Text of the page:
"To put it simply, guys.
Human beings simply aren't built to function at the cruising altitude of a 747."
Why the hell would I watch how a group of adventurers tries to reach the top of Mount Everest guided by a seasoned mountaineer, after they've paid a generous amount of money? An average family could book a few all-inclusive vacations for that kind of money. And it could also be something adventurous where you could admire breathtaking panoramas. Only the chances you'd die during such a voyage is significantly smaller. And just like the traveling journalist Jon Krakauer (Michael Kelly), I asked myself the big question : why the hell would someone decide to do something like climbing Mount Everest? Is it something masochistic? A dream that they are pursuing? Is it about pushing your own boundaries? Or is it to boost your self-esteem, knowing that you are one of few who managed to achieve this? Unfortunately, however, you won't get an answer to that question here.
And yet I couldn't resist to go watch this movie on the big screen. Partly because I was expecting some impressive images in this mountainous landscape. And this time I wouldn't make the same mistake as with "Gravity". I'm not going to wait for the DVD or VOD version and then think of Mount Everest as being a measly little mountain. Even though I have a huge flat screen. "Gravity" turned out to be a deep disappointment. On the other hand there are all these famous actors who collaborate in this film. If you succeed in convincing Jason Clarke, Sam Worthington, Emily Watson, Keira Knightley, Josh Brolin and Jake Gyllenhaal to co-operate in this semi-disaster movie, you're holding all the trump cards anyway. For me personally, the fact that Jake Gyllenhaal is in it, was already a reason to watch this film. And he didn't disappoint as the somewhat eccentric expedition leader Scott Fischer (although his contribution is rather limited). Even Knightley (her smile frightens me more than my fear of heights) didn't stop me.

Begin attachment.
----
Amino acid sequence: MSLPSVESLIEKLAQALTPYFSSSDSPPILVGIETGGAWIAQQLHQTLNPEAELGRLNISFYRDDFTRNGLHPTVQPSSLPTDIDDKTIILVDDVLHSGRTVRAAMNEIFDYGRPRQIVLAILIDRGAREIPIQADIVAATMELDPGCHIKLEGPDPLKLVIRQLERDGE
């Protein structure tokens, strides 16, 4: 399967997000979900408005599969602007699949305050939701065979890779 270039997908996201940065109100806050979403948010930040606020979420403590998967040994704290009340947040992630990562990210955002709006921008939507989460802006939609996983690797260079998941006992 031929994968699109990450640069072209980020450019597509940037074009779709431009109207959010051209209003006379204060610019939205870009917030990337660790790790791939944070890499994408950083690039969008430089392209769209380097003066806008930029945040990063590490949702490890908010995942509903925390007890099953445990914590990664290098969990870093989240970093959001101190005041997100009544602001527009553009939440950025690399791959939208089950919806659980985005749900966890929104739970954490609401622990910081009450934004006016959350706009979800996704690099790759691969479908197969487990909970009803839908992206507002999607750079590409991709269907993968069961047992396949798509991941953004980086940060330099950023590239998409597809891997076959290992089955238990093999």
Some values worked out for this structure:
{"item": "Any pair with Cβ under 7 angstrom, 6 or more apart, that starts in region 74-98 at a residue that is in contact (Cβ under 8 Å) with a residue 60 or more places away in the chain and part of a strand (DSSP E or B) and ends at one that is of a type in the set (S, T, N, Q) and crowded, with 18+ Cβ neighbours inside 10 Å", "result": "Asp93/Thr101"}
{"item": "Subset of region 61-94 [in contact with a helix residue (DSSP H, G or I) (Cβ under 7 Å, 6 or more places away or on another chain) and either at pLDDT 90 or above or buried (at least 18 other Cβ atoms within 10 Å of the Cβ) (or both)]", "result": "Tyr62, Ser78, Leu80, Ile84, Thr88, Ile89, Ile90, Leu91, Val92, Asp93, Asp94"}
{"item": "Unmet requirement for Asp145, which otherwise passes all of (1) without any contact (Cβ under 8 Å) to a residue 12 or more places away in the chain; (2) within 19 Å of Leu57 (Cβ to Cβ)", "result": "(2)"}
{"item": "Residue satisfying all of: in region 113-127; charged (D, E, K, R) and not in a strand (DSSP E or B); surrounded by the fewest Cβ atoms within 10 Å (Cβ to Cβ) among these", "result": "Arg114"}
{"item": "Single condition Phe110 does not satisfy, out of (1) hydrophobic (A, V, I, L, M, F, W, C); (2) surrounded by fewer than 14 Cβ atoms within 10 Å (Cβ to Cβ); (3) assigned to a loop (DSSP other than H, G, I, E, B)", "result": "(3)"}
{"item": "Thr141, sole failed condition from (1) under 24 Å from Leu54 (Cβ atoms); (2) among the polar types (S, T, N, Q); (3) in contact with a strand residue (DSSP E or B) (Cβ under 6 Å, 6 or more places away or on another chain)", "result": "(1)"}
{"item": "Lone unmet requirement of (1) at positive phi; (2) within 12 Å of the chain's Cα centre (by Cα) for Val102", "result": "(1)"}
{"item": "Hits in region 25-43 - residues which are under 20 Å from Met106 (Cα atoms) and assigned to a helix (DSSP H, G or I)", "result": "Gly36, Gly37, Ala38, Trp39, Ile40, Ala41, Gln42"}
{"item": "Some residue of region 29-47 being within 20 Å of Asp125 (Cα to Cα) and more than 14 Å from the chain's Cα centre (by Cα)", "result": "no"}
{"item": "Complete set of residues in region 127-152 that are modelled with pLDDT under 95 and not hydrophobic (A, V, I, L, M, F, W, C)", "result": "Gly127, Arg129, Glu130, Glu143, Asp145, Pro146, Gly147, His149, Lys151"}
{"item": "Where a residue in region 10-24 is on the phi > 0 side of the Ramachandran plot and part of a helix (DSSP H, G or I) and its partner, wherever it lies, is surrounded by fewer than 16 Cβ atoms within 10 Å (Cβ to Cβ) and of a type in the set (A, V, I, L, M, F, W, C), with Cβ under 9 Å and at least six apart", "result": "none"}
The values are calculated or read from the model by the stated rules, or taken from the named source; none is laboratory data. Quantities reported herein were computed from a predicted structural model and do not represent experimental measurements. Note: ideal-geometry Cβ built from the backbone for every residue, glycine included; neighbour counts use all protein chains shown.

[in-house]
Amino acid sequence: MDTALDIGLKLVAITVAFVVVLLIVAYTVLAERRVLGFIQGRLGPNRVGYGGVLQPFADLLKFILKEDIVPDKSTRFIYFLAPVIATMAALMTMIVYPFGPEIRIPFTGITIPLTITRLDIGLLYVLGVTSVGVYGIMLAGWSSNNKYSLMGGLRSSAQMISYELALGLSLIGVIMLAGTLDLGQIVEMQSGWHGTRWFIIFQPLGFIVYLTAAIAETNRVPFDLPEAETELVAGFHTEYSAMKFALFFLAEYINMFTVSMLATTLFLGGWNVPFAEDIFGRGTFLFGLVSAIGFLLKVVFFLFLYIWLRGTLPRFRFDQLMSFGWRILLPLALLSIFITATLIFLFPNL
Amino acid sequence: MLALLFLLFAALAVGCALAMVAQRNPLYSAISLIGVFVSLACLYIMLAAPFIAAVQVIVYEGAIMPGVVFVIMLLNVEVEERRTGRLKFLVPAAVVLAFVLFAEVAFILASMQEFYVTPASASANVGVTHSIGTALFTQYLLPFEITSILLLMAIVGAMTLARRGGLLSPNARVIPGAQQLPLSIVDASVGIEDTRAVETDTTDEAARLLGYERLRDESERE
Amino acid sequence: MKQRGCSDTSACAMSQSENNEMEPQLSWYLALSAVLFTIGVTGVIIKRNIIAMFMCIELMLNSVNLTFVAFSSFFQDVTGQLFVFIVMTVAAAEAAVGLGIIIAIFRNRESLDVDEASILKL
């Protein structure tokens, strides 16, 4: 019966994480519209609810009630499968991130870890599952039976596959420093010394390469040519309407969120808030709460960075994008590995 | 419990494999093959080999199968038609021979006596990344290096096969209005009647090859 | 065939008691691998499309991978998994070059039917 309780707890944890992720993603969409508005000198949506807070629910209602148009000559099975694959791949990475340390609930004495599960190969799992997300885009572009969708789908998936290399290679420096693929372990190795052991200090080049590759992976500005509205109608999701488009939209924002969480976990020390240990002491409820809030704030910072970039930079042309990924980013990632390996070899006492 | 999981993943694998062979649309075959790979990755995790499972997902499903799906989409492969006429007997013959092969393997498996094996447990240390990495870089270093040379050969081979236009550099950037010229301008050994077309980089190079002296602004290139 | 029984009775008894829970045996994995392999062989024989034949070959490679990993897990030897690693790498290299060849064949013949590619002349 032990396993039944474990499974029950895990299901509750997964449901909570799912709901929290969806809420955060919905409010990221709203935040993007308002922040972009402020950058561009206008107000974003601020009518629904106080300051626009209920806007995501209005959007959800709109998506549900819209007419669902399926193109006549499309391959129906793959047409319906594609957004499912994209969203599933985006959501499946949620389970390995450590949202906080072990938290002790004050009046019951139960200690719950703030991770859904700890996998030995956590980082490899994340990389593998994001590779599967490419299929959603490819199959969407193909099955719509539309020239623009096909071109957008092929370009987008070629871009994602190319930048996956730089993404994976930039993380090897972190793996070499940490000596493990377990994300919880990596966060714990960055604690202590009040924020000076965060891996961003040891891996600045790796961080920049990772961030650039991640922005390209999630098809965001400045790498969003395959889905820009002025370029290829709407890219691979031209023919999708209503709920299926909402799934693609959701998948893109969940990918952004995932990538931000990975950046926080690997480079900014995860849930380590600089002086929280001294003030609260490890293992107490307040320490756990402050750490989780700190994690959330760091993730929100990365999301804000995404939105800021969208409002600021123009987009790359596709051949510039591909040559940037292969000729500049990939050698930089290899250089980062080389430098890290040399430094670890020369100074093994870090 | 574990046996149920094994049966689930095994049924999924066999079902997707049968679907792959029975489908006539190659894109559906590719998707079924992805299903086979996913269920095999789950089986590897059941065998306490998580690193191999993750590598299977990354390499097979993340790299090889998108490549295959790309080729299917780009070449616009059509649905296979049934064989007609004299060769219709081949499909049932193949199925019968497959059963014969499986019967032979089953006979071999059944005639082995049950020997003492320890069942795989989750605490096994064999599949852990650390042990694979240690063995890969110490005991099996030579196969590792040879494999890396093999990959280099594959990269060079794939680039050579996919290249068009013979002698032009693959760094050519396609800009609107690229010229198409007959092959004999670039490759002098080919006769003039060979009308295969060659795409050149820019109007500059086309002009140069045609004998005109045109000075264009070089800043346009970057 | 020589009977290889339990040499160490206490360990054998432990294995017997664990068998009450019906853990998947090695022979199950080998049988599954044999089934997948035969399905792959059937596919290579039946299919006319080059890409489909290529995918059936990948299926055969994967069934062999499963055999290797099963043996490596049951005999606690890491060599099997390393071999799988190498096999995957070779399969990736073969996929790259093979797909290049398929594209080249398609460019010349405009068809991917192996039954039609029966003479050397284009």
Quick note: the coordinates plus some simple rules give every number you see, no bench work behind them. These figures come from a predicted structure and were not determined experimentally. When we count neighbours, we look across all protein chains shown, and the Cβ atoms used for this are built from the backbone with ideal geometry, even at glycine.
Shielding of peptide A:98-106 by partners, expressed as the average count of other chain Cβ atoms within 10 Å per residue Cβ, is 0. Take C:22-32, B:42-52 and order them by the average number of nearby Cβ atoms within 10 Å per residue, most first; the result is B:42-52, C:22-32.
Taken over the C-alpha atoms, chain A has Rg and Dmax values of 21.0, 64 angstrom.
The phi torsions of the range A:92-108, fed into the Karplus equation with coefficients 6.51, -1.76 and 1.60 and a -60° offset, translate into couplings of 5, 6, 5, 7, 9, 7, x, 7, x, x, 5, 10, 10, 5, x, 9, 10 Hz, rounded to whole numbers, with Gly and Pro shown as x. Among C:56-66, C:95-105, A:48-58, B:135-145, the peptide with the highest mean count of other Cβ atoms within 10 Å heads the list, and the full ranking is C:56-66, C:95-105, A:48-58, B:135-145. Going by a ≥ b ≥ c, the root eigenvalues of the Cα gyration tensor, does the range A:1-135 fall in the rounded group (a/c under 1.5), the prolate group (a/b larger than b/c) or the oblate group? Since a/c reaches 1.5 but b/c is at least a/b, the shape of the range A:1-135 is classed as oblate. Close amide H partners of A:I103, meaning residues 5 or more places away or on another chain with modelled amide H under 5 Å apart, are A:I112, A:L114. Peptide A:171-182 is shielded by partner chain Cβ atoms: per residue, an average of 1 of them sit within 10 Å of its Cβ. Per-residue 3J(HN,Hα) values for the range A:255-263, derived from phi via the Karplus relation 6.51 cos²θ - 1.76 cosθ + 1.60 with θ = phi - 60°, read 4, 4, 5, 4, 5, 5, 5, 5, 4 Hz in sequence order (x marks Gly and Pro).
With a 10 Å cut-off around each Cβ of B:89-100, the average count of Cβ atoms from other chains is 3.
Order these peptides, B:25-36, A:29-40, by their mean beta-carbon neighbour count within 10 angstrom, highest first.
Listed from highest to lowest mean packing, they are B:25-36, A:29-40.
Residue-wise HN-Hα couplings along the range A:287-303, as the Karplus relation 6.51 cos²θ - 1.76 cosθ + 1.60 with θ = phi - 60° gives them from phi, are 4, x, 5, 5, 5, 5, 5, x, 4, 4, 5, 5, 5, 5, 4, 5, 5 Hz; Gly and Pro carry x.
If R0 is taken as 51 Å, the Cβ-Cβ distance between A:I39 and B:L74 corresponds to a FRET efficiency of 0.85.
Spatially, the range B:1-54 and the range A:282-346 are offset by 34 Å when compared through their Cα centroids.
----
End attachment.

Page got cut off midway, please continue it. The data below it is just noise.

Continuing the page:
"Everest" can be split up into two main parts. The first is dedicated to the participating mountaineers and their background. Ample time will be taken to study those characters in depth and explain their motives. First there's Rob Hall (Clarke). A kindhearted person who respects the immense mountain. He's the first who commercialized the concept of reaching the summit. You could call it a city trip to the summit of Mount Everest. Then there's Scott Fisher (Gyllenhaal) who leads a competing tour company. An eccentric who couldn't care less about strict regulations and who has a "we will swiftly climb up that mountain" attitude. And in the field of competitors we first see Doug (John Hawkes), a not so wealthy ordinary postman who almost reached the top before and now is determined to succeed in his final attempt. The only female participant is Yasuko Namba (Naoko Mori) who has already climbed six of the seven major peaks. Then there's Beck (Josh "Oldboy" Brolin) whose motivation for climbing the notorious mountains is fed by a marriage that is faltering. And finally Jon Krakauer (Michael Kelly), the journalist who wants to make a documentary about this venture. Obviously this is the least action-packed part.
The ascent to the top is of course the second main part of the film. Superbly visualized and filmed. The physical suffering and perseverance of the participants is more realistic than expected. You can admire hallucinatory panoramas which make you feel as if you were on that hillside yourself. And when the weather changes drastically, it's all just about surviving. It's another demonstration of how small we are as human beings in relation to the elements of nature. A trial of strength between man and nature. Of course, this is the most exciting and intense part of the film. Unfortunately the outcome is known in advance. The only surprise element that remained was who'd survive this hellish journey in the end.
What was the cause of this disaster eventually? Was it because of overconfidence? The fact that it was reasonably crowded at the foot of the Mount Everest and thus the commercialization indirectly caused it? Or was it just bad luck that a severe storm hit them? This is a story of human failure in the annals of world mountaineering. That's irrefutable. But what about all those other victims worldwide while climbing gigantic mountain peaks? Ultimately, one can only conclude from this that we are powerless against murderous nature. Eventually the leading role in "Everest" is reserved for the mountain itself. Notwithstanding the hallucinatory images and suspense, this wasn't a highlight for me when it's about movies in 2015.
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